Protests began in Iraq on October 1st, with demonstrators - mostly young, from the country's Shia-dominated southern provinces - calling for electoral reform and an end to corruption.
BAGHDAD: The death toll in Iraq from weeks of anti-government unrest rose on Friday to at least 408 people killed, mostly unarmed protesters, a Reuters count based on police and medical sources showed.
Several people died of wounds sustained in clashes on Thursday with security forces in the southern city of Nassiriya, hospital sources said, bringing the number of people killed there to at least 46 and the total nationwide to 408 since Oct. 1.
Thousands of mourners took to the streets of Nassiriya, defying a curfew to bury their dead after the mass shooting.
Security and military leaders told Arab News that most of the violence, including the burning of the Iranian Consulate, “was orchestrated and implemented” by a number of security agencies associated with the Iraqi Interior Ministry and the Popular Mobilization Security Directorate.
Prime Minister Adel Abdul Mahdi has promised electoral and anti-corruption reform but barely begun delivering while security forces have shot dead hundreds of mostly peaceful demonstrators in the streets of Baghdad and southern cities.
The protests, which began in Baghdad on Oct. 1 and have spread through southern cities, are the most complex challenge facing the Shiite-dominated ruling class that has controlled state institutions and patronage networks since the 2003 US-led invasion that toppled long-time Sunni ruler Saddam Hussein.
Young, mostly Shiite protesters say politicians are corrupt, beholden to foreign powers — especially Iran — and they blame them for a failure to recover from years of conflict despite relative calm since the defeat of Islamic State in 2017.
Security forces opened fire on protesters who had gathered on a bridge in Nassiriya before dawn, medical sources said. Some 22 were killed and 180 wounded, they said.
A curfew was imposed in Najaf after protesters stormed and set fire to the Iranian consulate late on Wednesday. Businesses and government offices remained closed in the city, state media reported.
“The burning of the consulate last night was a brave act and a reaction from the Iraqi people — we don’t want the Iranians,” said Ali, a protester in Najaf. “There will be revenge from Iran I’m sure, they’re still here and the security forces are going to keep shooting us.”
A protester who witnessed the burning of the consulate said security forces had opened fire to try to stop it.
“All the riot police in Najaf and the security forces started shooting at us, as if we were burning Iraq as a whole,” he said, declining to give his name.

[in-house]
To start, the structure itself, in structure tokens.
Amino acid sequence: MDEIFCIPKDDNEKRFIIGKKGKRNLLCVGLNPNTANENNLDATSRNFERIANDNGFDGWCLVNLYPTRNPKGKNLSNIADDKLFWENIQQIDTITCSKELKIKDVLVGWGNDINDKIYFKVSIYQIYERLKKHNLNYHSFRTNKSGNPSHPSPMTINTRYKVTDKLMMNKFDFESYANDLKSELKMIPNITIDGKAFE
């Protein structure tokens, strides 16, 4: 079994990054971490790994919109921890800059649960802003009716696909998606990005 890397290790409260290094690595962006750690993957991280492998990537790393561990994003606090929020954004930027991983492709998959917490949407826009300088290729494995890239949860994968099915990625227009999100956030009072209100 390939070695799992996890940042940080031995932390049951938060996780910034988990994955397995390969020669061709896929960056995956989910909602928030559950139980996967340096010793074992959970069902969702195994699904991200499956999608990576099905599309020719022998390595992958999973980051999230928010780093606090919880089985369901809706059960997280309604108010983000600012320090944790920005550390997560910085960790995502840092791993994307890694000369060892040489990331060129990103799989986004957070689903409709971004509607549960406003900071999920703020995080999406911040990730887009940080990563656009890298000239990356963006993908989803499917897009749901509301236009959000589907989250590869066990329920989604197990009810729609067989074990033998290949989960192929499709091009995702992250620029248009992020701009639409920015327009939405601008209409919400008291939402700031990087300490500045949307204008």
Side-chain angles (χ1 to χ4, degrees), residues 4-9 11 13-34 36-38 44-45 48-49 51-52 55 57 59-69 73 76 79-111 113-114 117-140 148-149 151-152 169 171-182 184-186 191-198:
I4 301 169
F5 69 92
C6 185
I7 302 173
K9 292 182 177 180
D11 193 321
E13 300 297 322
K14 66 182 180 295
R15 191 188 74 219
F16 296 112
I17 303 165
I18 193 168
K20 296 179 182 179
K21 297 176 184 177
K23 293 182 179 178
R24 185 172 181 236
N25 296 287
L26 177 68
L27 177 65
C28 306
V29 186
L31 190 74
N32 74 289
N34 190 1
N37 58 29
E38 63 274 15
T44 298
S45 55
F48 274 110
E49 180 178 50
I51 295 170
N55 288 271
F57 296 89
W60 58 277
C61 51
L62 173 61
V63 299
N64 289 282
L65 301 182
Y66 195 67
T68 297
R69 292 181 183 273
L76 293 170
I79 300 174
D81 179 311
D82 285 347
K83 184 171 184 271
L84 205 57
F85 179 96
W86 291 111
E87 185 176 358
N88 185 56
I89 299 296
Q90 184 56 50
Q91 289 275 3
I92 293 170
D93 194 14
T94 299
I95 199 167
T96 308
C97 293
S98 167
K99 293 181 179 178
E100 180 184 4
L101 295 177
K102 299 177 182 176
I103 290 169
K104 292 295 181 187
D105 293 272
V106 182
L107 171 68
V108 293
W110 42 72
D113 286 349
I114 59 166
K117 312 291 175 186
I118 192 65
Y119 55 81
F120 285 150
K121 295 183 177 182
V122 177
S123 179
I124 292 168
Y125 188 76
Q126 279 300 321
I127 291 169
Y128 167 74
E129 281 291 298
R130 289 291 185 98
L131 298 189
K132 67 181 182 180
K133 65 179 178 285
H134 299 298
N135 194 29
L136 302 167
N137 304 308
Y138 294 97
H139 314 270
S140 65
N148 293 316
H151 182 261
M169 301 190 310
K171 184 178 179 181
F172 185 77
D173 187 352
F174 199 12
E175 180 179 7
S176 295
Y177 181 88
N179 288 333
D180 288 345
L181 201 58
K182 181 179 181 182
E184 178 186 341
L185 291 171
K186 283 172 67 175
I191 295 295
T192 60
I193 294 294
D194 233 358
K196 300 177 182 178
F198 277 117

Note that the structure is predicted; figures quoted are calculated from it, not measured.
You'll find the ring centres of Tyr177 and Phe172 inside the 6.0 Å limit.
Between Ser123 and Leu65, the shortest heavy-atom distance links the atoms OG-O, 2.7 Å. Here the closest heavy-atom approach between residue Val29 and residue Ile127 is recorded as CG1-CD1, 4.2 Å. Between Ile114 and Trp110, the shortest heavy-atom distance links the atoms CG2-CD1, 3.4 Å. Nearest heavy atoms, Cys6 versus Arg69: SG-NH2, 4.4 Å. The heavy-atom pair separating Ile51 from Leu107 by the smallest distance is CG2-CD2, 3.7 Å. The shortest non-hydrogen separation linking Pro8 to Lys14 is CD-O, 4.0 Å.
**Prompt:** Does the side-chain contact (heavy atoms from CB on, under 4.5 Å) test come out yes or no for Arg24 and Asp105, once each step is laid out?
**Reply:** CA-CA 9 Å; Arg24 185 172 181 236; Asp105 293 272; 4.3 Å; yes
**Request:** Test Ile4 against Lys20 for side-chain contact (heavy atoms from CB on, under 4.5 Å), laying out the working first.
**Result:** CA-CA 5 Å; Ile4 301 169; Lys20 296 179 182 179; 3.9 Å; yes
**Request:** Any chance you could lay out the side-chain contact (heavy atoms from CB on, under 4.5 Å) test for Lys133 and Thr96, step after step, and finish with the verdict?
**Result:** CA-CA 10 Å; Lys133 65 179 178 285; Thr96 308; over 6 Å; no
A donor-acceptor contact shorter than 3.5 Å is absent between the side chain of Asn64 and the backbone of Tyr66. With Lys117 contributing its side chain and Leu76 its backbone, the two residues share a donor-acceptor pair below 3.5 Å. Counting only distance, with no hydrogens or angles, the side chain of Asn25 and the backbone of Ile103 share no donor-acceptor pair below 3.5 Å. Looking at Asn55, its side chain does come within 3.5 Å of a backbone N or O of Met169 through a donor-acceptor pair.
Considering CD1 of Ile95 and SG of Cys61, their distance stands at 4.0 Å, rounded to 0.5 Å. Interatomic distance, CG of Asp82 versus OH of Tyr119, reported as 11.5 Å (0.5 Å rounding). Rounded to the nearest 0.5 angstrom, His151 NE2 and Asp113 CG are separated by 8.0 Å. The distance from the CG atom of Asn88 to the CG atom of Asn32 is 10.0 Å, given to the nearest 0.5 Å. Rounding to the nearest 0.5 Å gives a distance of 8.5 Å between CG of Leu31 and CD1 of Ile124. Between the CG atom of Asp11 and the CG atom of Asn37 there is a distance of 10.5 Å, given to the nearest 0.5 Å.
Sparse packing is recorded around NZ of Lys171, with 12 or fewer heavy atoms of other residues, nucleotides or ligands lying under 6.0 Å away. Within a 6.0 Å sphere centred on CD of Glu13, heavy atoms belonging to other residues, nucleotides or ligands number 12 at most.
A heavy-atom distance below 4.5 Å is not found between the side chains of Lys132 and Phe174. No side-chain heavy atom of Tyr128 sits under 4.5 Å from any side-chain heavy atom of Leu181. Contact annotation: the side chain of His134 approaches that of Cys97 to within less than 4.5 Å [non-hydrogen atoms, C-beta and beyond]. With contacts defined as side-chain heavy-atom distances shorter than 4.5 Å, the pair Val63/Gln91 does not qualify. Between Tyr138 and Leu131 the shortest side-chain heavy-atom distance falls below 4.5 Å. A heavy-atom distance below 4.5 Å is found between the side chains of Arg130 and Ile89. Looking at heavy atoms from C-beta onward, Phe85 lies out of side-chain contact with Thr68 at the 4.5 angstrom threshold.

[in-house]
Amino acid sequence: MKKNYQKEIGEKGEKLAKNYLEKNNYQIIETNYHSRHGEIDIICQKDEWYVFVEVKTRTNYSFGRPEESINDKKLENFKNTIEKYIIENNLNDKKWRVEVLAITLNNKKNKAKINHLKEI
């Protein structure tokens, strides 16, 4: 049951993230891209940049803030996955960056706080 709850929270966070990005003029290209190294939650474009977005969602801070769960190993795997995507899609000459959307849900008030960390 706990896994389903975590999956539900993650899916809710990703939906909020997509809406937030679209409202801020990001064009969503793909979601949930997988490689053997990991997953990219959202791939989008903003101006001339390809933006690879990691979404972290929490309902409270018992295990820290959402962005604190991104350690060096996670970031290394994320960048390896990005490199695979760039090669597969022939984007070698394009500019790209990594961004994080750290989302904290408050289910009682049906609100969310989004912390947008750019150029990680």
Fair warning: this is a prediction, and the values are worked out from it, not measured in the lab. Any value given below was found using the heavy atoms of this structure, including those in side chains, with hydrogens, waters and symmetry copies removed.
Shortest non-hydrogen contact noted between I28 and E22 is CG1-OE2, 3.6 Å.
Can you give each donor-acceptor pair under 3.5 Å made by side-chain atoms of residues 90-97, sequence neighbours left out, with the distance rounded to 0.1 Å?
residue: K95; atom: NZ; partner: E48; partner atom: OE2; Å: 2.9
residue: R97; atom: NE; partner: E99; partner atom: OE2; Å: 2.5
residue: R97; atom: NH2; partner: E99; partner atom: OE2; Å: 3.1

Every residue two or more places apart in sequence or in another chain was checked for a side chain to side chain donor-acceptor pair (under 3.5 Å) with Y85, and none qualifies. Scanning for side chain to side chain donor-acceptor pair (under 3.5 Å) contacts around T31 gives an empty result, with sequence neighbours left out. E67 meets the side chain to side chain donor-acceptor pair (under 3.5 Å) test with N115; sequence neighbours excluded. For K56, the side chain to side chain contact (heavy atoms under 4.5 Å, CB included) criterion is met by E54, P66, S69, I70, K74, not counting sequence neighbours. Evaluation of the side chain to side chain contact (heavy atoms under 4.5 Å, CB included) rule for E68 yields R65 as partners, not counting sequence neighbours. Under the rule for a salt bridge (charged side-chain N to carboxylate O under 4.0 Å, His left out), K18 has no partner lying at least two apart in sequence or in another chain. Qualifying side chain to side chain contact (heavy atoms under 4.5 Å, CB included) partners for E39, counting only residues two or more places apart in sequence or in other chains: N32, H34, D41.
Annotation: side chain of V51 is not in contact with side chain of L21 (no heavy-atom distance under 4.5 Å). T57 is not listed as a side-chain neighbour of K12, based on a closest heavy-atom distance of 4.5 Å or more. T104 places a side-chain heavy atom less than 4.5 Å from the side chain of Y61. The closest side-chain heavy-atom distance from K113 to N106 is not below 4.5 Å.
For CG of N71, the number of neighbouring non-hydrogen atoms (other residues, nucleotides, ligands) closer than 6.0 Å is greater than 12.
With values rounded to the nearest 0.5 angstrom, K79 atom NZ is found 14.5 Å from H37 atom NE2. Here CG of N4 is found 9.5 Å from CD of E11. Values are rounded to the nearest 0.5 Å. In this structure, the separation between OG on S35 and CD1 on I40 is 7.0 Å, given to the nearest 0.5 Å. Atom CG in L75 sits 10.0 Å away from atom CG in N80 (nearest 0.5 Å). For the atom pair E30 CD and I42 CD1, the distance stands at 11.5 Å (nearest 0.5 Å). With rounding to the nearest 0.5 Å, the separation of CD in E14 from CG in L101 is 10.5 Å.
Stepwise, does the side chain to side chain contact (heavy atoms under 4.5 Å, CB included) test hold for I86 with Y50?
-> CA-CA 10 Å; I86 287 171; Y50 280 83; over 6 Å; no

‘INFILTRATORS AND SABOTEURS’
The military commander of the Popular Mobilization Forces (PMF), an umbrella grouping of paramilitary groups whose most powerful factions are close to Tehran, said the groups would use full force against anyone trying to attack Iraq’s most powerful Shiite cleric, who is based in Najaf.
“We will cut the hand of anyone trying to get near (Grand Ayatollah Ali) Al-Sistani,” commander Abu Mahdi Al-Muhandis said in a statement on the PMF website.
Observers said the events in Najaf would likely bring a tough response, rather than pushing the government into enacting reforms.
“Apart from casual statements … the government has not announced any plan (or) given any clear account of what measures it will take,” said Dhiaa Al-Asadi, adviser to powerful populist cleric Moqtada Al-Sadr. “Initiatives are going to be scarce.”
Fanar Haddad, senior research fellow at the National University of Singapore’s Middle East Institute, said the government might use the burning of the Iranian consulate as a pretext for an even more heavy-handed crackdown.
“The downside from the protesters’ point of view is this might reinforce the government’s narrative that protesters are infiltrators, saboteurs and up to no good,” he said.
“It sends a message to Iran but also works to the advantage of people like Muhandis … (giving) a pretext to clamp down and framing what happened as a threat against Sistani.”
Sistani rarely speaks on political issues but traditionally wields enormous influence over public opinion, especially in Iraq’s southern Shiite heartland. He has used Friday sermons in recent weeks to urge the government to enact real reform and stop killing demonstrators.
Security forces have used live ammunition, tear gas and stun grenades against mostly unarmed protesters. Some demonstrators have lobbed petrol bombs, bricks and fired slingshots at police.
Authorities set up “crisis cells” in several provinces to try to restore order, a military statement said on Thursday. They would be led by provincial governors but include military leaders who would take charge of local security forces.